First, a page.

The sting of rejection
Here’s the big one. You will be rejected. Better to know this going into a job hunt. A rejection email (and it’s almost always an email), can hit you out of nowhere and really derail your day.
Rejection is actually pretty easy to deal with when you think about the circumstances surrounding your candidacy for a job:
- You are one of many candidates.
- You are under serious scrutiny (much more scrutiny than you would face in the job itself.)
- You have to sell yourself, which most people are not very good at (and that’s ok.)
- You are subject to arbitrary factors like how the interviewer was feeling that day, their personal opinions on a red shirt you wore, or their unconscious bias about your gender, your accent, or something else you have no control over.
- They’re conducting a public recruiting process but will probably end up hiring the boss’s son.
Is this supposed to make you feel better? No. It all sucks. The best thing you can do is embrace it. Don’t let your expectations get out of control. Work hard on every application and interview, and then move on. Don’t check your email constantly for a reply from one company. Keep searching and applying to more roles.
If you’re planning on quitting your job, make sure you have enough savings to support yourself when looking for your next gig. If you think it will take two months to find a job, set aside savings for six months of searching. The hunt always lasts longer than you think.
If you’ve been laid off unexpectedly, this can be a bigger worry that may need some more drastic measures. Move in with family to save on rent. Take a temp job to get some income flowing. Money worries can place a huge strain on mental health, so make it as easy on yourself as you can.
What can job seekers do?
- When possible, look for a new job while you’re in your current job. This may seem like a lot to take on, but you’ll feel less pressure to find something fast. Once you accept your new dream role, give yourself a well-earned vacation.
- Make sure you have enough savings to carry you through a long period of no income.
- Don’t bitch about the hiring process. A company has every right to ask for cover letters, exercises, and multiple interviews. If you’re not prepared to go through a company’s recruitment process, you probably don’t want the job badly enough.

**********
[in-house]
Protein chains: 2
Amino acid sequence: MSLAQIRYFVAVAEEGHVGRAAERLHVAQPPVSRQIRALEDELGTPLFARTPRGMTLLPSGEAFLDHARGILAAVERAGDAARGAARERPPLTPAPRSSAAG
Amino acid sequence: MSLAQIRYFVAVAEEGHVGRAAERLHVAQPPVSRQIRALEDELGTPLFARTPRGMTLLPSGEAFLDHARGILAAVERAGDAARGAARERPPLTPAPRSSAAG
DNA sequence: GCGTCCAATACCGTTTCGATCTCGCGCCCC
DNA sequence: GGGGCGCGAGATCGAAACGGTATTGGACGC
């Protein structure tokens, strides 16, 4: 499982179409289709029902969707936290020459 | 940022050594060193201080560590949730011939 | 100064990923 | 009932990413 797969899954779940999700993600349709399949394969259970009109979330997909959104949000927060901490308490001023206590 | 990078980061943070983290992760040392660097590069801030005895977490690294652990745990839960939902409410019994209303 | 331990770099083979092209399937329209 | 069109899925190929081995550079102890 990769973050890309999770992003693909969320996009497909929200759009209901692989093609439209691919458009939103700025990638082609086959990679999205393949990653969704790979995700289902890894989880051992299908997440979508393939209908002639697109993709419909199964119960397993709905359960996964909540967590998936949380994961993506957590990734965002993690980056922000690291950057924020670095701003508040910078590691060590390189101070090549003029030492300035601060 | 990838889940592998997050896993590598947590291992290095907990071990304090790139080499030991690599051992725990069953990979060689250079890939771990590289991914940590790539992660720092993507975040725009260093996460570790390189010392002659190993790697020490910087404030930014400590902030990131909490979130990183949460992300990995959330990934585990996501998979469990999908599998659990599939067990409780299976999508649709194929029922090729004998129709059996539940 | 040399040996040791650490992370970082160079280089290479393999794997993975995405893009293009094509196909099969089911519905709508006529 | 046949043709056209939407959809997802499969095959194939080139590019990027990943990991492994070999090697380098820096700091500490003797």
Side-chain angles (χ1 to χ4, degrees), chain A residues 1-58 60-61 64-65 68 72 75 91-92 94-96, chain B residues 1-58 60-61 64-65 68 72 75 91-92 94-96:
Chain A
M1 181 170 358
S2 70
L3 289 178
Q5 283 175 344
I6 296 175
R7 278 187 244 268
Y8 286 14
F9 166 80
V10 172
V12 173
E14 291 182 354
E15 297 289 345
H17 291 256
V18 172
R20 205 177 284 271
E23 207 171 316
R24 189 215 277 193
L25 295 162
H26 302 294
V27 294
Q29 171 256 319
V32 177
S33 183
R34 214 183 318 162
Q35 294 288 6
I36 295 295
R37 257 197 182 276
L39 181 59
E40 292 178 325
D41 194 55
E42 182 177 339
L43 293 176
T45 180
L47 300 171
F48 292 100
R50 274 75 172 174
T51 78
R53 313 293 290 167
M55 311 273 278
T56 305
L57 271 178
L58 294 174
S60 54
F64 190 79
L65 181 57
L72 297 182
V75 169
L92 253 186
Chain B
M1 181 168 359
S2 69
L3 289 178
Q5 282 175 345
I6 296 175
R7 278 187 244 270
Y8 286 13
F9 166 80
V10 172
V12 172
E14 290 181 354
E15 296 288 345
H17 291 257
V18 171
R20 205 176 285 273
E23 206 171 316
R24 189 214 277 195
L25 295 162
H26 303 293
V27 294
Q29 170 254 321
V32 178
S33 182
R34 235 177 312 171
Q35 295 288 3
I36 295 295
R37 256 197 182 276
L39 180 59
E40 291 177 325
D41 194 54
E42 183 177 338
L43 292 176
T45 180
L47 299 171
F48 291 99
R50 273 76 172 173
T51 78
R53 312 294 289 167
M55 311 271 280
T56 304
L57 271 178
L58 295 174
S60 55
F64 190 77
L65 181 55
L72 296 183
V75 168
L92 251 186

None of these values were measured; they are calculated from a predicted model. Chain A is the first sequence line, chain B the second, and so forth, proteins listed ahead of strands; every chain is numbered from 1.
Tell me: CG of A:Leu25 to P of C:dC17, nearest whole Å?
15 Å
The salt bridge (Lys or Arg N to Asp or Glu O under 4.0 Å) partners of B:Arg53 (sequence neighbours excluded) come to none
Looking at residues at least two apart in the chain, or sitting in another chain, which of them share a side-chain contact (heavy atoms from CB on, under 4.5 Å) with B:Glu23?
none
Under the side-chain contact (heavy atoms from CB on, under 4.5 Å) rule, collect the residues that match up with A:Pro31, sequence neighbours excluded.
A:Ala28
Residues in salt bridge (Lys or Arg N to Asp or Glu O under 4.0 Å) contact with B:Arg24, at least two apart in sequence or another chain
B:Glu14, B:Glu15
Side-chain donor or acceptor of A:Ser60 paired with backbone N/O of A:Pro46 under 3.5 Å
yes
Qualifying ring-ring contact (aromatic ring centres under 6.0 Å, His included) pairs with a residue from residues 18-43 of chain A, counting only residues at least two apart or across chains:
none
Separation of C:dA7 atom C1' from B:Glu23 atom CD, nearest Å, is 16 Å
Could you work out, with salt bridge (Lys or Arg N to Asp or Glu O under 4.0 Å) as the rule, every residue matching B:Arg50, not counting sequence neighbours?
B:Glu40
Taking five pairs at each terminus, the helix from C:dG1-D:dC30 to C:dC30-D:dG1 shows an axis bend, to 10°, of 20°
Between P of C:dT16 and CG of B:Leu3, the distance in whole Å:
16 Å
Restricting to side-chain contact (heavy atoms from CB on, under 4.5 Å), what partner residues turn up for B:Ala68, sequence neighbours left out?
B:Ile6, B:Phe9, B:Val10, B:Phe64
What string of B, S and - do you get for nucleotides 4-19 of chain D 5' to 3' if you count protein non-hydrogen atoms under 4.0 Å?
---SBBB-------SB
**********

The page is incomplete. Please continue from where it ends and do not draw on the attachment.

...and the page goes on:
- Customize your applications! A recruiter can spot a canned cover letter in five seconds. By taking the extra time needed to craft a special application, you’ll dramatically increase your chances of being offered an interview.
- Take care of your mental health. Exercise. Eat right. Create a routine. Socialize. Share your struggles with friends and family. These are important no matter your stage in life, but can easily fall by the wayside during a job hunt.
What employers can do
- Define your hiring process from start to finish, and clearly communicate that to all candidates. It’s better for everyone involved.
- If you don’t care about cover letters, explicitly state in your job description not to send cover letters. Here’s how Google handles it:
- Screen candidates with short phone calls where you cover the basic requirements of the job, including location, qualifications, salary, and visas. Don’t let a candidate get to in-person interviews if they’re never going to accept a position because of a conflict with one of these key details.
- Consolidate interviews as much as possible. If you’ll need a candidate to meet seven different members of the team, break that into batches of two or three sessions instead of having the candidate come in seven separate times. Interviews take a lot of preparation, so make it easy for the candidate and your team.
- Don’t ghost your candidates. If someone has taken the time to apply to a job you’ve posted, give them a response. If you receive a lot of applications, you can set up an autoresponder. If someone has made it to an interview stage, you owe them a personalized response.